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Re: Repealing the Social Security Windfall Elimination Provision And Pension Offset 2017 Legislation

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Message 85 of 110

@l508156s wrote:

@GailL1 wrote:

@LonnieC924336 wrote:

I am losing over $300 a month because of this tax.I get two partial checks instead of a full retirement. i worked 24 years for s.s. and 19 years for the school system.I got cheated Big Time.


You could work for (6) more years, earning what the government deems to be substantial earnings

under  a job covered by the SS system and the WEP would go away -   Substantial earnings has also a definition under the SS system - defined by year - in 2018, a bit less than $ 2000 a month - but the figure is actually a yearly figure.

 

SSA Windfall Elimination Provision

from the link ~

If you paid Social Security tax on 30 years of substantial earnings you are not affected by WEP.

 

There is also a chart of the "substantial earnings" by year in this pamphlet (above link).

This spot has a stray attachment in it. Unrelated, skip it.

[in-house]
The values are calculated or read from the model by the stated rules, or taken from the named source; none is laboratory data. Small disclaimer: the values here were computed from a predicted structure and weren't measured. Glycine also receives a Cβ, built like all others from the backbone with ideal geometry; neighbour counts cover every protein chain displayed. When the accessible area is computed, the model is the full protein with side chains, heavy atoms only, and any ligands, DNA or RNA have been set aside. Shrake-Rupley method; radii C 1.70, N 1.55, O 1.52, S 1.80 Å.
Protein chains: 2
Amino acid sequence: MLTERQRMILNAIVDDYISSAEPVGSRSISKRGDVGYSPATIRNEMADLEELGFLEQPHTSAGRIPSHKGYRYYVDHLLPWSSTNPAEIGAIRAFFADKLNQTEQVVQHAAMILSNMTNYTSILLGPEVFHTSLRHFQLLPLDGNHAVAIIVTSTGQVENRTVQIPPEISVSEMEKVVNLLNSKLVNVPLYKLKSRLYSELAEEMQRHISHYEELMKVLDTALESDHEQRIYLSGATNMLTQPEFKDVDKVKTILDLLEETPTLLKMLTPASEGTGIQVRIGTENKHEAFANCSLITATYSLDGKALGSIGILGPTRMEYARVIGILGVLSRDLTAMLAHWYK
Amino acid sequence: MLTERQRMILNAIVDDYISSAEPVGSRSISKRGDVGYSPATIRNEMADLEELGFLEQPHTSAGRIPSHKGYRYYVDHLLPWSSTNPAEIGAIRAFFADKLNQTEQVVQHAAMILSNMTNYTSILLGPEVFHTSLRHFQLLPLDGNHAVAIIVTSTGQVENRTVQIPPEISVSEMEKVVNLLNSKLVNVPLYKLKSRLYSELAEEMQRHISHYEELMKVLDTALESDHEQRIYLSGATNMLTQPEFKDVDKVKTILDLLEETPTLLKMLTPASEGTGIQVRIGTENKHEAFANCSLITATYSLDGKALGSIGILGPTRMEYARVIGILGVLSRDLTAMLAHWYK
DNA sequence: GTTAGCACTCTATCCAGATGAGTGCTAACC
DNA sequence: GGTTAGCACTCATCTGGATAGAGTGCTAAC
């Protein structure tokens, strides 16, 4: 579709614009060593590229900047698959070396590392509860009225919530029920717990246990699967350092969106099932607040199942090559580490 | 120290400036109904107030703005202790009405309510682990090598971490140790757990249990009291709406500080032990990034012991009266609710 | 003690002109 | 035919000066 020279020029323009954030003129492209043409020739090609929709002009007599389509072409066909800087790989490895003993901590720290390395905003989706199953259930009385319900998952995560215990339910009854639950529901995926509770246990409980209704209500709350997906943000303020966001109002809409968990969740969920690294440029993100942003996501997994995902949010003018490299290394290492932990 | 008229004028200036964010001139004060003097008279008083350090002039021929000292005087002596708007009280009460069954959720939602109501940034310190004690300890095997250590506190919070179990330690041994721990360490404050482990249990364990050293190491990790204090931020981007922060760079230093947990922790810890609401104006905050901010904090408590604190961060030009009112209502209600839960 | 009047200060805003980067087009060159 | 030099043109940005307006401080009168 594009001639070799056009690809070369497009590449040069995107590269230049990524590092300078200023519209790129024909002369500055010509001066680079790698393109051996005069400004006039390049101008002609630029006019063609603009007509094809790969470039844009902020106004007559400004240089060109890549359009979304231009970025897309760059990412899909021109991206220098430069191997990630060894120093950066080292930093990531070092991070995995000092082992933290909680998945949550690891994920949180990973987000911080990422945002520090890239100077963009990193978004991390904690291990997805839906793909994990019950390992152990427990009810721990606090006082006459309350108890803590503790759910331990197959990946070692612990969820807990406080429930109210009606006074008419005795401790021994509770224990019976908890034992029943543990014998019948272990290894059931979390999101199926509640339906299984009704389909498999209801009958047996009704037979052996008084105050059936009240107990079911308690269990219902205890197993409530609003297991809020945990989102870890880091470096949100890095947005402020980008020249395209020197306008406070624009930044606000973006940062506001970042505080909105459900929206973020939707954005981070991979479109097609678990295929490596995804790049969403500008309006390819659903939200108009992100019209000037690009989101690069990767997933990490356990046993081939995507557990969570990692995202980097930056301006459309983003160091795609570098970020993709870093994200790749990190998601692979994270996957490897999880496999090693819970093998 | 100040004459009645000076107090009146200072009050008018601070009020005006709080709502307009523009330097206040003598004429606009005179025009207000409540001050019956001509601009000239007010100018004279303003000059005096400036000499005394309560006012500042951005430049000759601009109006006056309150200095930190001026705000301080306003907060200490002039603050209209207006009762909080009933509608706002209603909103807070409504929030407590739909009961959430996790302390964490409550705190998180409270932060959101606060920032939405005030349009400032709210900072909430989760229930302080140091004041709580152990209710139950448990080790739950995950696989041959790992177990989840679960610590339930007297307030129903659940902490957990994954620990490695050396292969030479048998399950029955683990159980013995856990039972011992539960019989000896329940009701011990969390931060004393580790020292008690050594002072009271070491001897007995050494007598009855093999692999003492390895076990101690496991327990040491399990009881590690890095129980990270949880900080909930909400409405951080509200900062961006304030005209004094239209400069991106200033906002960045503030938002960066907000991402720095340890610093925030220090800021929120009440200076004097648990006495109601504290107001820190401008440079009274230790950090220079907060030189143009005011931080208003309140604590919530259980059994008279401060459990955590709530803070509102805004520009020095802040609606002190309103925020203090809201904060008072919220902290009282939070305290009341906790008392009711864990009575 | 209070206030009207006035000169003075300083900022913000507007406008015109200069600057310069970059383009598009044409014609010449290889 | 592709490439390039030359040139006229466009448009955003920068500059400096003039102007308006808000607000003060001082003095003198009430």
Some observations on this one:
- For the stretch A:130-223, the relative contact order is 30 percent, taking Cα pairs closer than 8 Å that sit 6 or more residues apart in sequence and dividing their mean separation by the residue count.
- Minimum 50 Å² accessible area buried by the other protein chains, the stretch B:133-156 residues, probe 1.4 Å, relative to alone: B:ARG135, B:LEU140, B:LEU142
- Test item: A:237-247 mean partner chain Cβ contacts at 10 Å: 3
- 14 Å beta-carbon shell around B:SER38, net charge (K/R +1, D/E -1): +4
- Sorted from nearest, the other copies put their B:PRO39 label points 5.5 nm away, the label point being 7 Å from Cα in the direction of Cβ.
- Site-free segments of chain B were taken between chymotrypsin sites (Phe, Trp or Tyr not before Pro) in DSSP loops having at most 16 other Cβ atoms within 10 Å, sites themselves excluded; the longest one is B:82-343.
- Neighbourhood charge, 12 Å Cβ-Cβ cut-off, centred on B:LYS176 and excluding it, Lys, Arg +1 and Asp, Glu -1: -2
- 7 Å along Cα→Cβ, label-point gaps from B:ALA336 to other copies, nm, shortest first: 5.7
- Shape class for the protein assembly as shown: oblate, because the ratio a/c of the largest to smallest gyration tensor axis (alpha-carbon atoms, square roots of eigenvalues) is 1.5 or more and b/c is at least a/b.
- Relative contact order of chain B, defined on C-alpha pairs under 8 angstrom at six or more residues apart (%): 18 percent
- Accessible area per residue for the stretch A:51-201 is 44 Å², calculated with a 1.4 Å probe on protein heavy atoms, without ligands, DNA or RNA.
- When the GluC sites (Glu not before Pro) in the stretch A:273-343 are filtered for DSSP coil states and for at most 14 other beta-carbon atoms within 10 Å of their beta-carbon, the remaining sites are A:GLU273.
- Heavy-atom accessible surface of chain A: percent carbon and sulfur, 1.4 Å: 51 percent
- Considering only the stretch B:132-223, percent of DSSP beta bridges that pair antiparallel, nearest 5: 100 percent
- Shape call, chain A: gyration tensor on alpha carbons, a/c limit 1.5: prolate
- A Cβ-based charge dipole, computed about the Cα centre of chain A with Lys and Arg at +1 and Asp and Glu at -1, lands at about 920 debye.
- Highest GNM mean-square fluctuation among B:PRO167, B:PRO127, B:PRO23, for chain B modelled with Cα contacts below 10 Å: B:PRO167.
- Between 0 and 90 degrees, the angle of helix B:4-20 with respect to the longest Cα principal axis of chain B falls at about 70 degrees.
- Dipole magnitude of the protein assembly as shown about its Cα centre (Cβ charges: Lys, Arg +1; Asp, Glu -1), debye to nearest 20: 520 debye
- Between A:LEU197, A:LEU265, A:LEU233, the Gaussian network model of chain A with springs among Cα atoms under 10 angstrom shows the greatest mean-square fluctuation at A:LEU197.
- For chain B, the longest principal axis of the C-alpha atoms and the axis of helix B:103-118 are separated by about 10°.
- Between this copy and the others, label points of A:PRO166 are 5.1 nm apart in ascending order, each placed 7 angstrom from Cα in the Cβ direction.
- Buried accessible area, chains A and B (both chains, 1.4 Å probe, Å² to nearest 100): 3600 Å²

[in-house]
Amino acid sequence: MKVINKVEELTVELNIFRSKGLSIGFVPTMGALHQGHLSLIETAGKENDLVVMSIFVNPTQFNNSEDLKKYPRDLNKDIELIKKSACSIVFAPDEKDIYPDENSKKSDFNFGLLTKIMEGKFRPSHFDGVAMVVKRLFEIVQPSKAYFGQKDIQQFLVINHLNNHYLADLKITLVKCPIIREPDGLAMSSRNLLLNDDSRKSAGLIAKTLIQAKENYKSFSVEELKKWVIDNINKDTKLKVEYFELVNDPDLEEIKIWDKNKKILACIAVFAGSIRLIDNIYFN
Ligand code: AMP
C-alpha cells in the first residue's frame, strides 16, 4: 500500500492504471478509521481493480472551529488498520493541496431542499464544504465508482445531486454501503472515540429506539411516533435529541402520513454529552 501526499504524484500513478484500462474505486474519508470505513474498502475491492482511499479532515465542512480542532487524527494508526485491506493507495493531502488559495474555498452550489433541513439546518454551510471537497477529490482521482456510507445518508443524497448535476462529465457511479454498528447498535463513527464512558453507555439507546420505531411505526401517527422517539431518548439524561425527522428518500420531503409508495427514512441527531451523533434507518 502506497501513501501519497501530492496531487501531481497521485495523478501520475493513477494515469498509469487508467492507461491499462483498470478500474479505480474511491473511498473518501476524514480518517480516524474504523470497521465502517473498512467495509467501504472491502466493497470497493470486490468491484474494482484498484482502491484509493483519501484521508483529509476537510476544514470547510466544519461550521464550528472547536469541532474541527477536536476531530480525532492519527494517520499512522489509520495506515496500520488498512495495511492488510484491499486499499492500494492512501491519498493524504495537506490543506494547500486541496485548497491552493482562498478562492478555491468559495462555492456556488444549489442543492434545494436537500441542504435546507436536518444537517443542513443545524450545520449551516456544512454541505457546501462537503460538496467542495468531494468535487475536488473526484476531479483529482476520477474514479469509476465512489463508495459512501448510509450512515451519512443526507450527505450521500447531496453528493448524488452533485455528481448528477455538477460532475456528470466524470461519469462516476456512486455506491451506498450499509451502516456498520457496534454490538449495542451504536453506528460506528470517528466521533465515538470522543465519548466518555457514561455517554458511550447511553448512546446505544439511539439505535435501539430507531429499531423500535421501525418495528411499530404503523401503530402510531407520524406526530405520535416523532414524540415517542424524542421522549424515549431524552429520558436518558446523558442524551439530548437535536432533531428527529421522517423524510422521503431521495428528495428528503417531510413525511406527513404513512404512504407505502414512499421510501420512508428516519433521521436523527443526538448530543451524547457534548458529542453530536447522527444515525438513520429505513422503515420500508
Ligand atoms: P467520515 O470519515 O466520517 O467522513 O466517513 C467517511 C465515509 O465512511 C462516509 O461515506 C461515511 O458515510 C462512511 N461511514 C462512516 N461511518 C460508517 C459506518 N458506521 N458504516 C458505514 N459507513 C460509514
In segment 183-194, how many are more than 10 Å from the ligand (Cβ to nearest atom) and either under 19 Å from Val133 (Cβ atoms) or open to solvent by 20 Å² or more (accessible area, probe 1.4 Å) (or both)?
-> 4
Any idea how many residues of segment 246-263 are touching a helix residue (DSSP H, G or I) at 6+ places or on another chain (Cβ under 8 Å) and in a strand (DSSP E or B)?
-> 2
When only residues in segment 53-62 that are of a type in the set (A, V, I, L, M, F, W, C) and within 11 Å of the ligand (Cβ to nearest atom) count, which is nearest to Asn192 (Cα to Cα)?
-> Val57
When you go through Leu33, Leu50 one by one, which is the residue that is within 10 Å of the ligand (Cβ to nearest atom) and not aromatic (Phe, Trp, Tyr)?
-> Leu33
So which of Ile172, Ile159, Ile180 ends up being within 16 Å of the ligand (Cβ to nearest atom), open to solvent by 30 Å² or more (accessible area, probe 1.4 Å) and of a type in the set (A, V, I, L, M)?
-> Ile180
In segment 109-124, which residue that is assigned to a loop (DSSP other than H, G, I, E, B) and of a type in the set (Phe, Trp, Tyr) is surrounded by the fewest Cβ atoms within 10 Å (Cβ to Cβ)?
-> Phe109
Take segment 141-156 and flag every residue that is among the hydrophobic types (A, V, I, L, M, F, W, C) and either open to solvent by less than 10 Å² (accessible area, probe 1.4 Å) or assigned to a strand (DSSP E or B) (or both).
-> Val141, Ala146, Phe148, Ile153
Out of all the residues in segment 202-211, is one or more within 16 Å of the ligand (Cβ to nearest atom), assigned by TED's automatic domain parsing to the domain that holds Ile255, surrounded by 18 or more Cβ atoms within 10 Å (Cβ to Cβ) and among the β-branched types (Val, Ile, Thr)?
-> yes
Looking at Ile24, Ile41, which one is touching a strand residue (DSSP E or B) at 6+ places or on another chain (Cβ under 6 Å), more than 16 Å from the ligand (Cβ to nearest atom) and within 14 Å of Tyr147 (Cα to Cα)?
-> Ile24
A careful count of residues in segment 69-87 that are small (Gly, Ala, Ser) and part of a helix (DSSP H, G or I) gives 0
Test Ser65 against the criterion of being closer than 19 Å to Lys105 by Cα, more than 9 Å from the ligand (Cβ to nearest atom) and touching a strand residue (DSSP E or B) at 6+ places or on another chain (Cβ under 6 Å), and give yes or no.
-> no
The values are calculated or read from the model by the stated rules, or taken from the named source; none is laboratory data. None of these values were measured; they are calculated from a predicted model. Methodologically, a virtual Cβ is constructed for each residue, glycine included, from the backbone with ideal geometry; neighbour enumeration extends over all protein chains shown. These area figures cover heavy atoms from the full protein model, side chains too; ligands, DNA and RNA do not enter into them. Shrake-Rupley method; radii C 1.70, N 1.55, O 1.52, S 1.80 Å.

Sorry can't help you with your school system pension - that is a local matter.

 

 

 

 


And just where would they find a job paying $2000 a month. Contrary to what AARP says companies are not hiring older workers and the few that do want part timers. 


My friend did it although he planned and worked at the school system and at private employment (self-employed) during his working career and then he went gungho into the self employment for the last few years (plumber).  See that is the way to do it for the most part.

 

Is > $ 2000 a month or $ 23,850 for 2018 hard for an educator???  I know some now who are working for online schools or doing lots of tutoring to make that amount.

 

Another is an artist and sells her creations at galleries, fairs and festivals.

Another keeps kids in her home.

The guy that cuts my grass (2-acres) makes that just from me a year.

 

Is it hard?  Probably - so, I guess the (whatever) reward needs to be determined vs real retirement with pension, WEP SS and whatever else they might have saved for the period.

So each (involved) person has to run their numbers on their work history - how long did they work under the SS system, when and how much were they making at that time. 

Figure their WEP SS benefit, if any and then compare that to what they want to do now.